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New Line Home Cinema presents
The Texas Chainsaw Massacre: Platinum Series (2003)

"For them, an idyllic summer afternoon became a nightmare."
- narrator (John Larroquette)

Review By: Rich Rosell  
Published: March 28, 2004

Stars: Jessica Biel
Other Stars: R. Lee Ermey, Mike Vogel, Eric Balfour, Jonathan Tucker, Erica Leerhsen, Andrew Bryniarski, David Dorfman, Lauren German, John Larroquette
Director: Marcus Nispel

MPAA Rating: R for strong horror violence,gore; language, drug content
Run Time: 01h:38m:11s
Release Date: March 30, 2004
UPC: 794043703126
Genre: horror


Style
Grade
Substance
Grade
Image Transfer
Grade
Audio Transfer
Grade
Extras
Grade
B+ B+A-A- A-

DVD Review

As I'm sure many genre fans were, when I first heard of the proposed remake of Tobe Hooper's undisputed 1974 horror classic, I was understandably a bit apprehensive. For some, this was tantamount to rewriting the bible, or worse yet, having Greedo shoot first.

But the more I thought about it, the more I realized that like a long-lasting urban legend, a horror film may sometimes need to be periodically revamped for a new generation, It doesn't diminish or replace the original, and sometimes it can actually enhance it (this is directed at you, Gus Psycho Van Sant); it just juggles the visual dynamics and crams the whole thing into a glossier box.

Music video director Marcus Nispel was put in charge of directing this new version of The Texas Chainsaw Massacre, and he wisely called in his old friend Daniel Pearl as cinematographer, which is fitting since Pearl was D.P. on Hooper's original. That creative connection between old and new gave Nispel's film an air of legitimacy, and made the whole thing immediately more fan friendly, even if major parts of the story were dramatically changed. Big man that I am, I decided to put my unwaning reverence for the original aside and attempt to absorb the gory goodness of the remake on its own merits, despite the fact that it was produced by Hollywood explosion-king Michael Bay.

The film is set in the summer of 1973, and centers on five teens crammed in a van heading across hot and dusty rural Texas on their way to a Lynyrd Skynyrd concert, after returning from a trip to Mexico. Smart, logical Erin (Jessica Biel), her mechanic boyfriend Kemper (Eric Balfour), quiet Morgan (Jonathan Tucker), say-the-wrong-thing-guy Andy (Mike Vogel), and horny tagalong Pepper (Erica Leerhsen) make the mistake of their lives by picking up a nearly catatonic young woman (Lauren German) along the roadside after almost running her down. That's where the trouble starts for this bunch, and a tragic event forces the teens to seek help from the local sheriff, played here with despicable nastiness by R. Lee Ermey, and of course in the process end up in the relentless clutches of one of horror filmdom's most iconic villains, Leatherface (played with brash glee by Andrew Bryniarski) and his extended family of psychos.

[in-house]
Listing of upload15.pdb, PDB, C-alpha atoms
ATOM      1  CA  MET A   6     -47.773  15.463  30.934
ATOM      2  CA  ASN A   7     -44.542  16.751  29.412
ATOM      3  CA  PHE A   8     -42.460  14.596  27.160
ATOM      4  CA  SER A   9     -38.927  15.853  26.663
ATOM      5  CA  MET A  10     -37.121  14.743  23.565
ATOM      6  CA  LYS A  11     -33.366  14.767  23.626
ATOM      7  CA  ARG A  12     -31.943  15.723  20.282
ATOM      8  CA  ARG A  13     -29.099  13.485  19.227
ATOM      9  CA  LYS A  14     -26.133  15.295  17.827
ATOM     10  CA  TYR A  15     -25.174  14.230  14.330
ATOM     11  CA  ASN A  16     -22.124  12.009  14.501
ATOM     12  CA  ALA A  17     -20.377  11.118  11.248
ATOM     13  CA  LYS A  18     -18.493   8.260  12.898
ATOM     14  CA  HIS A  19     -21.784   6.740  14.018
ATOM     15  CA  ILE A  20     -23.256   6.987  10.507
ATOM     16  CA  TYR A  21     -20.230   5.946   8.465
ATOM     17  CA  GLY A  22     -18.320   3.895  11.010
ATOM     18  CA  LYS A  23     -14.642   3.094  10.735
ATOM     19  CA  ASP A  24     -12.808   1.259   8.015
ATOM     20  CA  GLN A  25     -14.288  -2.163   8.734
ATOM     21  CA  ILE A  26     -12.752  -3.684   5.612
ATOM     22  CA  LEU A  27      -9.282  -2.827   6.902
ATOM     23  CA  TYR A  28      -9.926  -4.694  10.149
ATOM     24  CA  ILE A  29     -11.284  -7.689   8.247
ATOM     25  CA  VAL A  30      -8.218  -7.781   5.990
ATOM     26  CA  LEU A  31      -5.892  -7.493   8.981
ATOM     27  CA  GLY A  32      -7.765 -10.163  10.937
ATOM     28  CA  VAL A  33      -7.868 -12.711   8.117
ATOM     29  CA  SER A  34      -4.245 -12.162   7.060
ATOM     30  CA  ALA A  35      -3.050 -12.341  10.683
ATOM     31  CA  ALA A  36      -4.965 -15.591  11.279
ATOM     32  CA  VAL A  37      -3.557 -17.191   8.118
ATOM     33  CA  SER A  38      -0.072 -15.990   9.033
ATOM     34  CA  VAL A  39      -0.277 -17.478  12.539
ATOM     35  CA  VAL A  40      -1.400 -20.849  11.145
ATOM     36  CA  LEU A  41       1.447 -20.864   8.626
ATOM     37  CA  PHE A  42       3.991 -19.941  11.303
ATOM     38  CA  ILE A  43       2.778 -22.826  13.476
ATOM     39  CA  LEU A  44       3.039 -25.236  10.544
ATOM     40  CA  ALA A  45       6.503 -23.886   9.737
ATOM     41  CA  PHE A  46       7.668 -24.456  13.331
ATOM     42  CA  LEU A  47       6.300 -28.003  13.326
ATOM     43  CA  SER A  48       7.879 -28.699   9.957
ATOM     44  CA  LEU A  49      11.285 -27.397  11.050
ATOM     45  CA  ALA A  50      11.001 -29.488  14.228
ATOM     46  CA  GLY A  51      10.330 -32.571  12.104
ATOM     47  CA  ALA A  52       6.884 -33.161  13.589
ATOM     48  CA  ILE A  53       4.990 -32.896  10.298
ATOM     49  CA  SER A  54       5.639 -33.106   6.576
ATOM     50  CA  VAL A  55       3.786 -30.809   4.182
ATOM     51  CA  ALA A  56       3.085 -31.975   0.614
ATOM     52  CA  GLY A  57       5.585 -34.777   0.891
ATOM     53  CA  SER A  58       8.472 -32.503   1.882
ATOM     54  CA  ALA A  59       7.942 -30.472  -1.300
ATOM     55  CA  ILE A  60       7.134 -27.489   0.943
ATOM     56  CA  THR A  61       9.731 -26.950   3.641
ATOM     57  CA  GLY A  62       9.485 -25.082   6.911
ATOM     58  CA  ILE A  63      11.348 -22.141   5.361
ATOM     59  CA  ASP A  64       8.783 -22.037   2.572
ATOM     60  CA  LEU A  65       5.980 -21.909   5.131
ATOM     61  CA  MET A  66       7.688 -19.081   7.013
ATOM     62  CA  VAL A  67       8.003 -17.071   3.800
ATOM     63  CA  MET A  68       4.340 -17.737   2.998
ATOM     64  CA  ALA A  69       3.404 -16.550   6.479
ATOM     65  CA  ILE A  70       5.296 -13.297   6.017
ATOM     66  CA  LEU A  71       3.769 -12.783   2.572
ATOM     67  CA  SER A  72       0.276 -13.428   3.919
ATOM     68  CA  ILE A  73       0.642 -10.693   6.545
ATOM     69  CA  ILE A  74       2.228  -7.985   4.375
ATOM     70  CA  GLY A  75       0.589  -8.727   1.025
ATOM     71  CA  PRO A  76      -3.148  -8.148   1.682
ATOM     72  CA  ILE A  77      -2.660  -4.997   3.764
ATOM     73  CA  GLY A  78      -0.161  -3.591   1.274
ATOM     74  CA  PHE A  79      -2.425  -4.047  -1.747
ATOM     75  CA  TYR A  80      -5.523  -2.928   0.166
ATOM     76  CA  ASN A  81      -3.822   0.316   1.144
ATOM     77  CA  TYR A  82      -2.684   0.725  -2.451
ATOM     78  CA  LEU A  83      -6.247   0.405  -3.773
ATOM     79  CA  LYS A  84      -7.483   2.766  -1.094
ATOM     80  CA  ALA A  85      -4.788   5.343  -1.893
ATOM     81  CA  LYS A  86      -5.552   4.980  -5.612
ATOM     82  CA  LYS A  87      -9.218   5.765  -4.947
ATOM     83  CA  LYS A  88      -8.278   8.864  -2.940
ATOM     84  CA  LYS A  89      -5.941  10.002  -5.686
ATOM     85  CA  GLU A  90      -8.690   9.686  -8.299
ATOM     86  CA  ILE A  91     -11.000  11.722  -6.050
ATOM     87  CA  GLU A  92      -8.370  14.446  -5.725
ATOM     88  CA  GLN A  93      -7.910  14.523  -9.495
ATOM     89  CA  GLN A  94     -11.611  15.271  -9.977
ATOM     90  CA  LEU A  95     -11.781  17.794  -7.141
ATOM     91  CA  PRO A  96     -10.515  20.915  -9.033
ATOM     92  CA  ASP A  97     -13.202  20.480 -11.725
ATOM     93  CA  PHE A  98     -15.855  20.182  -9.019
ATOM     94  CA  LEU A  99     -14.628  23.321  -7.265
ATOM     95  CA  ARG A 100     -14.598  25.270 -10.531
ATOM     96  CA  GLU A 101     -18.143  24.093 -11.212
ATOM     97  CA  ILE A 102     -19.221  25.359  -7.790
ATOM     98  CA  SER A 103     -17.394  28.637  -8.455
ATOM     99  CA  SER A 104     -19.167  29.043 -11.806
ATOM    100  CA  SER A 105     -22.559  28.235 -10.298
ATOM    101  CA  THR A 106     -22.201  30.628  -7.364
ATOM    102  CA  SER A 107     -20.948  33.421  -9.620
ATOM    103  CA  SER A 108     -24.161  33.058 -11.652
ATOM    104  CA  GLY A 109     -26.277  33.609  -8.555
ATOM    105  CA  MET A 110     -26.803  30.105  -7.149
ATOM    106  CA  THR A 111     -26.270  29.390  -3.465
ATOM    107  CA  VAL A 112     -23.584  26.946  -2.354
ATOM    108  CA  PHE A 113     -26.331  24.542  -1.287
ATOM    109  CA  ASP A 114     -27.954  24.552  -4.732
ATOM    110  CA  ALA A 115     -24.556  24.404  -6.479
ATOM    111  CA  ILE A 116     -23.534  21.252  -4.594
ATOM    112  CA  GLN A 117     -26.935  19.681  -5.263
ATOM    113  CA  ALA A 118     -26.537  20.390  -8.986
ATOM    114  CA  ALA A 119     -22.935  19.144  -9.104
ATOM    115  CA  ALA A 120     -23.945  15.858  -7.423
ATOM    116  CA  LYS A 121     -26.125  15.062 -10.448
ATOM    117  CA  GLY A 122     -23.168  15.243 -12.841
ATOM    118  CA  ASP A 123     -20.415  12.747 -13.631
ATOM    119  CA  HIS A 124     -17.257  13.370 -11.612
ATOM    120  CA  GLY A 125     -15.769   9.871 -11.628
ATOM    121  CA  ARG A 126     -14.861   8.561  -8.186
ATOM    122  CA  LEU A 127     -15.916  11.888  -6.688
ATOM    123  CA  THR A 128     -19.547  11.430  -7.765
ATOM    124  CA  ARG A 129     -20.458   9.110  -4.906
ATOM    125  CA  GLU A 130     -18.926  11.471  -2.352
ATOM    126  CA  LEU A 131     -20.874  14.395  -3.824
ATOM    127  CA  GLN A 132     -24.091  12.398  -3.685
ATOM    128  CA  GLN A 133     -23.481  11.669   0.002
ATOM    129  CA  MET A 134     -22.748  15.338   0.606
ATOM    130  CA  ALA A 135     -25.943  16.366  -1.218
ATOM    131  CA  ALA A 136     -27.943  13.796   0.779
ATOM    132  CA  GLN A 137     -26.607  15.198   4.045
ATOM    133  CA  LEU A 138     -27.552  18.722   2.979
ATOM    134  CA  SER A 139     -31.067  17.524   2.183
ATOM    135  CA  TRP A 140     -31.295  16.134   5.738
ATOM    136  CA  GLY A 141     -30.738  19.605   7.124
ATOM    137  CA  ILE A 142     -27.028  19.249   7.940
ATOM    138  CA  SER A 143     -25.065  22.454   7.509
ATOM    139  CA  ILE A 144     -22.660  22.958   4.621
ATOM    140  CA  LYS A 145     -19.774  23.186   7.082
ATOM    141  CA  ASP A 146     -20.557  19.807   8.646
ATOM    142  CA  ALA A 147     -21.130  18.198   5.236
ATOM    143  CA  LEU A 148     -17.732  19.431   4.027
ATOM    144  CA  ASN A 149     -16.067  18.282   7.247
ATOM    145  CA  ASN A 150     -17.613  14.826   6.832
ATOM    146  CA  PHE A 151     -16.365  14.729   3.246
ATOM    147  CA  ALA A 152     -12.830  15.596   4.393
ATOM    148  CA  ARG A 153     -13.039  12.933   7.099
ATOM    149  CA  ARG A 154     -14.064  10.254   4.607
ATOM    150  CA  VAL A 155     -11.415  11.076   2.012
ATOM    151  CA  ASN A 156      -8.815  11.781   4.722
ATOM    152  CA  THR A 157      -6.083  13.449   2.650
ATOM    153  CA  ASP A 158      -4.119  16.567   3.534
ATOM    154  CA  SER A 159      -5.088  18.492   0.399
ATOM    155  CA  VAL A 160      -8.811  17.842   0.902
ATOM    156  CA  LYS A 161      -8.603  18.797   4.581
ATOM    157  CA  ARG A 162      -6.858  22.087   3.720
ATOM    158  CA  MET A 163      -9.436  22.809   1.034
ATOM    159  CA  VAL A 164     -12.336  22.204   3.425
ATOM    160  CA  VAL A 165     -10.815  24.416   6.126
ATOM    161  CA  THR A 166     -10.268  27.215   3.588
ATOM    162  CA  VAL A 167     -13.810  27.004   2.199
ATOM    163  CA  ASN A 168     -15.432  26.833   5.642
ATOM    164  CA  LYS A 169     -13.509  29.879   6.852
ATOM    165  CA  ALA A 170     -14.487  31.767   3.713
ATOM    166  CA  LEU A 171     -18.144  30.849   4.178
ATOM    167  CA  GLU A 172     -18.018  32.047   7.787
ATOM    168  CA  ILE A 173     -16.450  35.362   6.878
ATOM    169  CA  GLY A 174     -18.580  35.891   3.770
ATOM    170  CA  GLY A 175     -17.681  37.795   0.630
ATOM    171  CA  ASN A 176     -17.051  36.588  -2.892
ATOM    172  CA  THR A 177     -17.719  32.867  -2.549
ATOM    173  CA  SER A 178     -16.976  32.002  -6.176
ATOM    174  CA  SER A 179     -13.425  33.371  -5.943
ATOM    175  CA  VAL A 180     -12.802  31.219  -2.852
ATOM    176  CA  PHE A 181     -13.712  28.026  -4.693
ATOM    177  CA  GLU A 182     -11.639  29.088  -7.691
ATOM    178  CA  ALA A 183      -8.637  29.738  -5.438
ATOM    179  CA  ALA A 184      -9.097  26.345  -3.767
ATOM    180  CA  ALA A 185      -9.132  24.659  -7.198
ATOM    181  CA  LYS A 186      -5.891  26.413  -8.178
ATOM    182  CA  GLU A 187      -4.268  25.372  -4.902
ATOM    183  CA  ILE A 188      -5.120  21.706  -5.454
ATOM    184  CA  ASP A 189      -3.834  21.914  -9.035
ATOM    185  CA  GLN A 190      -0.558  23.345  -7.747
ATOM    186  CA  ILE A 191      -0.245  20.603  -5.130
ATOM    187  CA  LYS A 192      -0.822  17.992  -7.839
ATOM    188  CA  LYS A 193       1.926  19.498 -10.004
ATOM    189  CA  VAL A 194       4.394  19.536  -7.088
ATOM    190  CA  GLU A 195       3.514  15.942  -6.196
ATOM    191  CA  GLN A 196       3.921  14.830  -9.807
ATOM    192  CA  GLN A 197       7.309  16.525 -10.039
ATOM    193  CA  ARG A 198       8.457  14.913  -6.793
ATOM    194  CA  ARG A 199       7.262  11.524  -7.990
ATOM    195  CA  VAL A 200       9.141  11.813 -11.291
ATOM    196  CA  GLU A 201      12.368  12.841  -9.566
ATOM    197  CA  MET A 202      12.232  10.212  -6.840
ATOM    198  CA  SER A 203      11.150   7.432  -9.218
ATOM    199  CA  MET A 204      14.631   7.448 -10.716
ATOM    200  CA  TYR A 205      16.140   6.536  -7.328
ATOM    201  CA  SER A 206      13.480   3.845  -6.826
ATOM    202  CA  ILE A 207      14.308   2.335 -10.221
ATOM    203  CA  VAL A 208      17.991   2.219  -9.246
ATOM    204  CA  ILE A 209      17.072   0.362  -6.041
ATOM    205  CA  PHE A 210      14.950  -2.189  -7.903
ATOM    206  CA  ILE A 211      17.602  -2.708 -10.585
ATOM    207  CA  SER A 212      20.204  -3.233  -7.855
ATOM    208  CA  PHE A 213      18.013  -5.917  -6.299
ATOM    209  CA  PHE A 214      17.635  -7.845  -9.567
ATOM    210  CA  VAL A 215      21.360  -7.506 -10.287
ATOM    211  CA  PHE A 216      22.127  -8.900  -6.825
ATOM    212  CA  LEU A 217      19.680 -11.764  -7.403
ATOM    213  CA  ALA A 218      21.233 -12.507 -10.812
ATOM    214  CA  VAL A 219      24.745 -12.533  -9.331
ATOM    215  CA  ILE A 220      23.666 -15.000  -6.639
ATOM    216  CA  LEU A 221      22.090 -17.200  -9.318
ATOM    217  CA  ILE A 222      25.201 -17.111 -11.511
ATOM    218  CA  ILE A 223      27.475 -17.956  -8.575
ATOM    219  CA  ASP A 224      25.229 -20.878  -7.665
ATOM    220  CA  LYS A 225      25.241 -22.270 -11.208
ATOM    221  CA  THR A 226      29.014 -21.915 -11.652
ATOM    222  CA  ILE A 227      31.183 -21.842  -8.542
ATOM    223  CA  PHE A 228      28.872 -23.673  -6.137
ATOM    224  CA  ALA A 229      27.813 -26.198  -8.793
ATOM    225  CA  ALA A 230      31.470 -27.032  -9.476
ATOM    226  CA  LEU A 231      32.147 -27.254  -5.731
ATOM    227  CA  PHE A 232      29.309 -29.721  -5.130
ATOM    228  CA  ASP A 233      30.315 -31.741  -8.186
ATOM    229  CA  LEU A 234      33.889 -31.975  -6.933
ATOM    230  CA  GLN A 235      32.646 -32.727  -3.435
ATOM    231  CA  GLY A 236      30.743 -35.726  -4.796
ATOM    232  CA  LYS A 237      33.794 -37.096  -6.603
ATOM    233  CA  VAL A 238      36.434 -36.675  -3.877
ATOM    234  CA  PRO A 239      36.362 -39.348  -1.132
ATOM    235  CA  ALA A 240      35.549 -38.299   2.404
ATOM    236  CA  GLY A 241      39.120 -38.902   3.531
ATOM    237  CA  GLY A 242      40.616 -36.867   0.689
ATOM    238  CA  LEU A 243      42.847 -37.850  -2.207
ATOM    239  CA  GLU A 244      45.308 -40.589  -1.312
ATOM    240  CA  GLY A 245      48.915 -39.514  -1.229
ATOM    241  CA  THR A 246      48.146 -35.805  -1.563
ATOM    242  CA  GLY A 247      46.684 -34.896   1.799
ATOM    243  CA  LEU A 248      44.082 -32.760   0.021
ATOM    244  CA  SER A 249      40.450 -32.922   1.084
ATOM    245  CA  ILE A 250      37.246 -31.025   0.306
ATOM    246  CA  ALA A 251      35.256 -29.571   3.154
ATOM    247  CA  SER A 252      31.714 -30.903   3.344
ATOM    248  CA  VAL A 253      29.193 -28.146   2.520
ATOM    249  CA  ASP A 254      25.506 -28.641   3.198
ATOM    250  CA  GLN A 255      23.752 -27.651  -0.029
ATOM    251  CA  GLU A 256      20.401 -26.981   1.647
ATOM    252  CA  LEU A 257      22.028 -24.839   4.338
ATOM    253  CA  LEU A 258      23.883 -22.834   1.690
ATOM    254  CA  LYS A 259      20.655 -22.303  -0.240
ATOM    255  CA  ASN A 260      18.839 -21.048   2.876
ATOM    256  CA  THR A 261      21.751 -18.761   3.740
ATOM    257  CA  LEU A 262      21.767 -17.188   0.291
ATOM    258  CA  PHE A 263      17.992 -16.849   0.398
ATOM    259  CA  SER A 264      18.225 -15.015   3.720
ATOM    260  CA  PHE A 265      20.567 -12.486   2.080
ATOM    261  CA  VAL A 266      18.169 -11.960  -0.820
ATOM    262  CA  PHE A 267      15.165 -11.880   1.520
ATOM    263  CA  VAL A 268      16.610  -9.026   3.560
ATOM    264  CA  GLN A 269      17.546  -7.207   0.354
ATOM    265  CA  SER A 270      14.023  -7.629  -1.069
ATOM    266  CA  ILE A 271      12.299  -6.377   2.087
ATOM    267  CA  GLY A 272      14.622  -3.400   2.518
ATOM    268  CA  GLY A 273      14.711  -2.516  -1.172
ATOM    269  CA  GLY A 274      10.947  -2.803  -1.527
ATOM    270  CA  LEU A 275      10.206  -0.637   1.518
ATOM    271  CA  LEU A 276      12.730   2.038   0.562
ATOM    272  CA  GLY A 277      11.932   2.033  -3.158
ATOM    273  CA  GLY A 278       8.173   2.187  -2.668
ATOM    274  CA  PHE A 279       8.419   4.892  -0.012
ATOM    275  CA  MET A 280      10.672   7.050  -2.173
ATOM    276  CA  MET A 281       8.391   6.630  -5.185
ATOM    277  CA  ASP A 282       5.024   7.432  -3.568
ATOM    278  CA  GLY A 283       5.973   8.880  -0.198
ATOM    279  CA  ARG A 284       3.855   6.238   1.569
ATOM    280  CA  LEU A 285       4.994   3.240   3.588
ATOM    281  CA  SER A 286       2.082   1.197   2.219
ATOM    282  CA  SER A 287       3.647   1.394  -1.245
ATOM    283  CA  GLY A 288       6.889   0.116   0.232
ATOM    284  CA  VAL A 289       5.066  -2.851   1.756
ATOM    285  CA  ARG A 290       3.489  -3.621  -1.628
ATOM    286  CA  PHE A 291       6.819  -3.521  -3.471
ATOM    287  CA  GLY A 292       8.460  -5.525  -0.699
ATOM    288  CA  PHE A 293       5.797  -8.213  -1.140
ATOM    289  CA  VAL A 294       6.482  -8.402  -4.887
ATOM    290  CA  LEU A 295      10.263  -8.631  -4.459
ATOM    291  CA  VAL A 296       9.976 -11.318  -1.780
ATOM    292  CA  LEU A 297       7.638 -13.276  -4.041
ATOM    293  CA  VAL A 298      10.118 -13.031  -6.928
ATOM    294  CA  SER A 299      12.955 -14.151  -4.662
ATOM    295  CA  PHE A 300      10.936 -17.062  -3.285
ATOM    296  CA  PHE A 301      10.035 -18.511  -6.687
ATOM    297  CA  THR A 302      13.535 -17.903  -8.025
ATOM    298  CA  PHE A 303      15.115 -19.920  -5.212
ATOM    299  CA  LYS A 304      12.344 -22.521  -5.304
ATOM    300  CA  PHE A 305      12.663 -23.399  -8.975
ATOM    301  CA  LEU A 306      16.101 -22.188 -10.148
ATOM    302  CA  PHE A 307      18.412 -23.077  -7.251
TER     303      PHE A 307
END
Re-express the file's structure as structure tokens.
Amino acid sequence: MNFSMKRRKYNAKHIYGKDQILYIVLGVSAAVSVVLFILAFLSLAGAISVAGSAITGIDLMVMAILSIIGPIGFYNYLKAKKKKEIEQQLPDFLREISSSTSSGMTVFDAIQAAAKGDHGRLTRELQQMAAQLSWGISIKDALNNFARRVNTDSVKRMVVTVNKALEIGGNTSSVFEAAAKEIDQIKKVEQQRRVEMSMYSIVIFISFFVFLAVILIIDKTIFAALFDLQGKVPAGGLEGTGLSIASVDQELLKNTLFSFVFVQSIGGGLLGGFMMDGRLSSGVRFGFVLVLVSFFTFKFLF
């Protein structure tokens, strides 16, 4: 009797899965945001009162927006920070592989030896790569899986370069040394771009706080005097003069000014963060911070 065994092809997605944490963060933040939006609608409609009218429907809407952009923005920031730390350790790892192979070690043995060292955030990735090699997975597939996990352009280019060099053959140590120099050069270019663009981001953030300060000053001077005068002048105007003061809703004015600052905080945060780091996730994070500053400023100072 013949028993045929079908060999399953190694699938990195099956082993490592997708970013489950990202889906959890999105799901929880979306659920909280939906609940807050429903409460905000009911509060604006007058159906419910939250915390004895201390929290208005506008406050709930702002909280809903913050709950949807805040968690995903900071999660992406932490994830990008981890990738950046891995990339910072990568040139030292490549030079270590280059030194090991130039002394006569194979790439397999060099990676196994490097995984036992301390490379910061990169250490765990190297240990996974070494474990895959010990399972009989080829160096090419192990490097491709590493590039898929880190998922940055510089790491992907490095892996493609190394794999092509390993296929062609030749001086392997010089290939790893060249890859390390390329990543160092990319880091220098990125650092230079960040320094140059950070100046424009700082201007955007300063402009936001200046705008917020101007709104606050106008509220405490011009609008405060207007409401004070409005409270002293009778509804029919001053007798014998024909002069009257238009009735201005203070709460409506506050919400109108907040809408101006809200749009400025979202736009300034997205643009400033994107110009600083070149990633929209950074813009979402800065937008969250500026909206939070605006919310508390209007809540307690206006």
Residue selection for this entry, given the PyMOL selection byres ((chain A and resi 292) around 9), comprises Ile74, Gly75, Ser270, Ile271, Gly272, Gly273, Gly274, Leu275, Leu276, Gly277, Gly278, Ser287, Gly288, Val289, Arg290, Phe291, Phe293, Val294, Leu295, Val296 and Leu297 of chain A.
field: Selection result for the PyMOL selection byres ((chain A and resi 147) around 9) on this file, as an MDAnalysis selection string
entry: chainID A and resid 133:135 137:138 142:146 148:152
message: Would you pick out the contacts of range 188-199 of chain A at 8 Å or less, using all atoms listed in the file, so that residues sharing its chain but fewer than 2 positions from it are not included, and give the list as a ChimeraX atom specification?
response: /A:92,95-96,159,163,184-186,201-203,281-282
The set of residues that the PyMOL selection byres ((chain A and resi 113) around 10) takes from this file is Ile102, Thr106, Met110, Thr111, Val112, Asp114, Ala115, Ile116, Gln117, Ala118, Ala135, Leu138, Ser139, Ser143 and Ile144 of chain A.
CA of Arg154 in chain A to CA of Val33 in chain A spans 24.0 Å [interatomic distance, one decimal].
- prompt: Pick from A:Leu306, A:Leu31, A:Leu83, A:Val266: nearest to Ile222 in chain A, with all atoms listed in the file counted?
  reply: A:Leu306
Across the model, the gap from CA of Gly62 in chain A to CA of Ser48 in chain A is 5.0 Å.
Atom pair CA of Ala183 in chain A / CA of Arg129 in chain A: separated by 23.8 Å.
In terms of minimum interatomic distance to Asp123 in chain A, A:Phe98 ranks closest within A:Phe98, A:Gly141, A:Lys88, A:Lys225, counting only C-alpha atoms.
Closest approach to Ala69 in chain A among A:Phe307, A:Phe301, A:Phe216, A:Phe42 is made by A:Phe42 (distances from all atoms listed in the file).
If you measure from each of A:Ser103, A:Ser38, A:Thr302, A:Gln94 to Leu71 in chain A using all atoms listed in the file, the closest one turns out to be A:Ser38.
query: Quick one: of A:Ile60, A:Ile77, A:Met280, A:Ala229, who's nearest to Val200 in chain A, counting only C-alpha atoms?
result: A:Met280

Those going in expecting a literal shot-for-shot remake will be no doubt surprised, as Nispel and screenwriter Scott Kosar have altered quite a bit of the original story while still keeping plenty of chainsaw mayhem. Downplaying the gas station/human barbecue angle is an example, as is forsaking the perfectly demented hitchhiker played by Edwin Neal from Hooper's film, in favor of a troubled young girl with something deadly hidden up her skirt. There's no new version of the infamous dinner table sequence with the wacky Leatherface clan, either (i.e., no Grandpa with a hammer), and there are noticeably far more females and children in the brood this time around, too.

What's here, however, is good, gory horror entertainment regardless, with an actual backstory that is marginally more fleshed out, including a couple of subplots, than in Hooper's original. While this is essentially an excuse for the wholesale slaughter of innocent victims, the characters here get more screentime pre-bloodshed, and they're less one-dimensional than in the first film. This is still a horror film, mind you, and so this isn't a character study by any means, but we get a few more humanistic nuggets (especially between Biel and Balfour). Believe it or not, Kosar even somehow throws in a couple of scenes that make ol' Leatherface someone to perhaps be pitied, however briefly. Visually, the set design rivals, and, in some cases, out does the first film, and the desolate house of horrors is every bit as disturbing, with its heaping, cluttered mounds of bone, meat and, assorted human souvenirs.

Rating for Style: B+
Rating for Substance: B+

 

Image Transfer

 One
Aspect Ratio1.85:1 - Widescreen
Original Aspect Ratioyes
Anamorphicyes


Image Transfer Review: New Line has issued The Texas Chainsaw Massacre in a damn fine 1.85:1 anamorphic widescreen transfer. The look of the film is intentionally desaturated, shot at a high contrast rate and then bleached, which gives a lot of the interiors a wonderfully creepy sepia tone. Image detail and shadow delineation (so pivotal in this film, which spends an inordinate amount of time in dark, shadowy places) is excellent, and the transfer here is just about perfect, with the rendering of this palette of dirty, faded colors looking spot on. Some minor shimmer is evident, but hardly a distraction.

Image Transfer Grade: A-

 

Audio Transfer

 LanguageRemote Access
DS 2.0Englishyes
Dolby Digital
5.1
Englishyes
DTSEnglishyes


Audio Transfer Review: ¡Ay carumba! This release is a veritable thing of beauty in the audio department. Sporting a pair of equally dandy Dolby Digital Surround EX and DTS 6.1 ES tracks, New Line has really stepped up and delivered an impressive audio presentation on what was essentially a low-budget film. Both tracks are very, very aggressive, utilizing the rear channels to great effect with some especially well-placed discrete cues, and when combined with a subtle directional imaging, really enhance the viewing experience. Comparisons between the two give a slight edge to the DTS, in terms of a cleaner, slightly more pronounced sub channel. Dialogue (ie: screaming) never distorts or crackles.

An understandably less robust 2.0 surround track is also included.

Audio Transfer Grade: A-

 

Disc Extras

Full Motion menu with music
Scene Access with 18 cues and remote access
Subtitles/Captions in English, Spanish with remote access
2 Original Trailer(s)
4 Other Trailer(s) featuring Highwaymen, Willard, The Butterfly Effect, Ripley's Game
7 TV Spots/Teasers
7 Deleted Scenes
1 Alternate Endings
Screenplay
2 Documentaries
Storyboard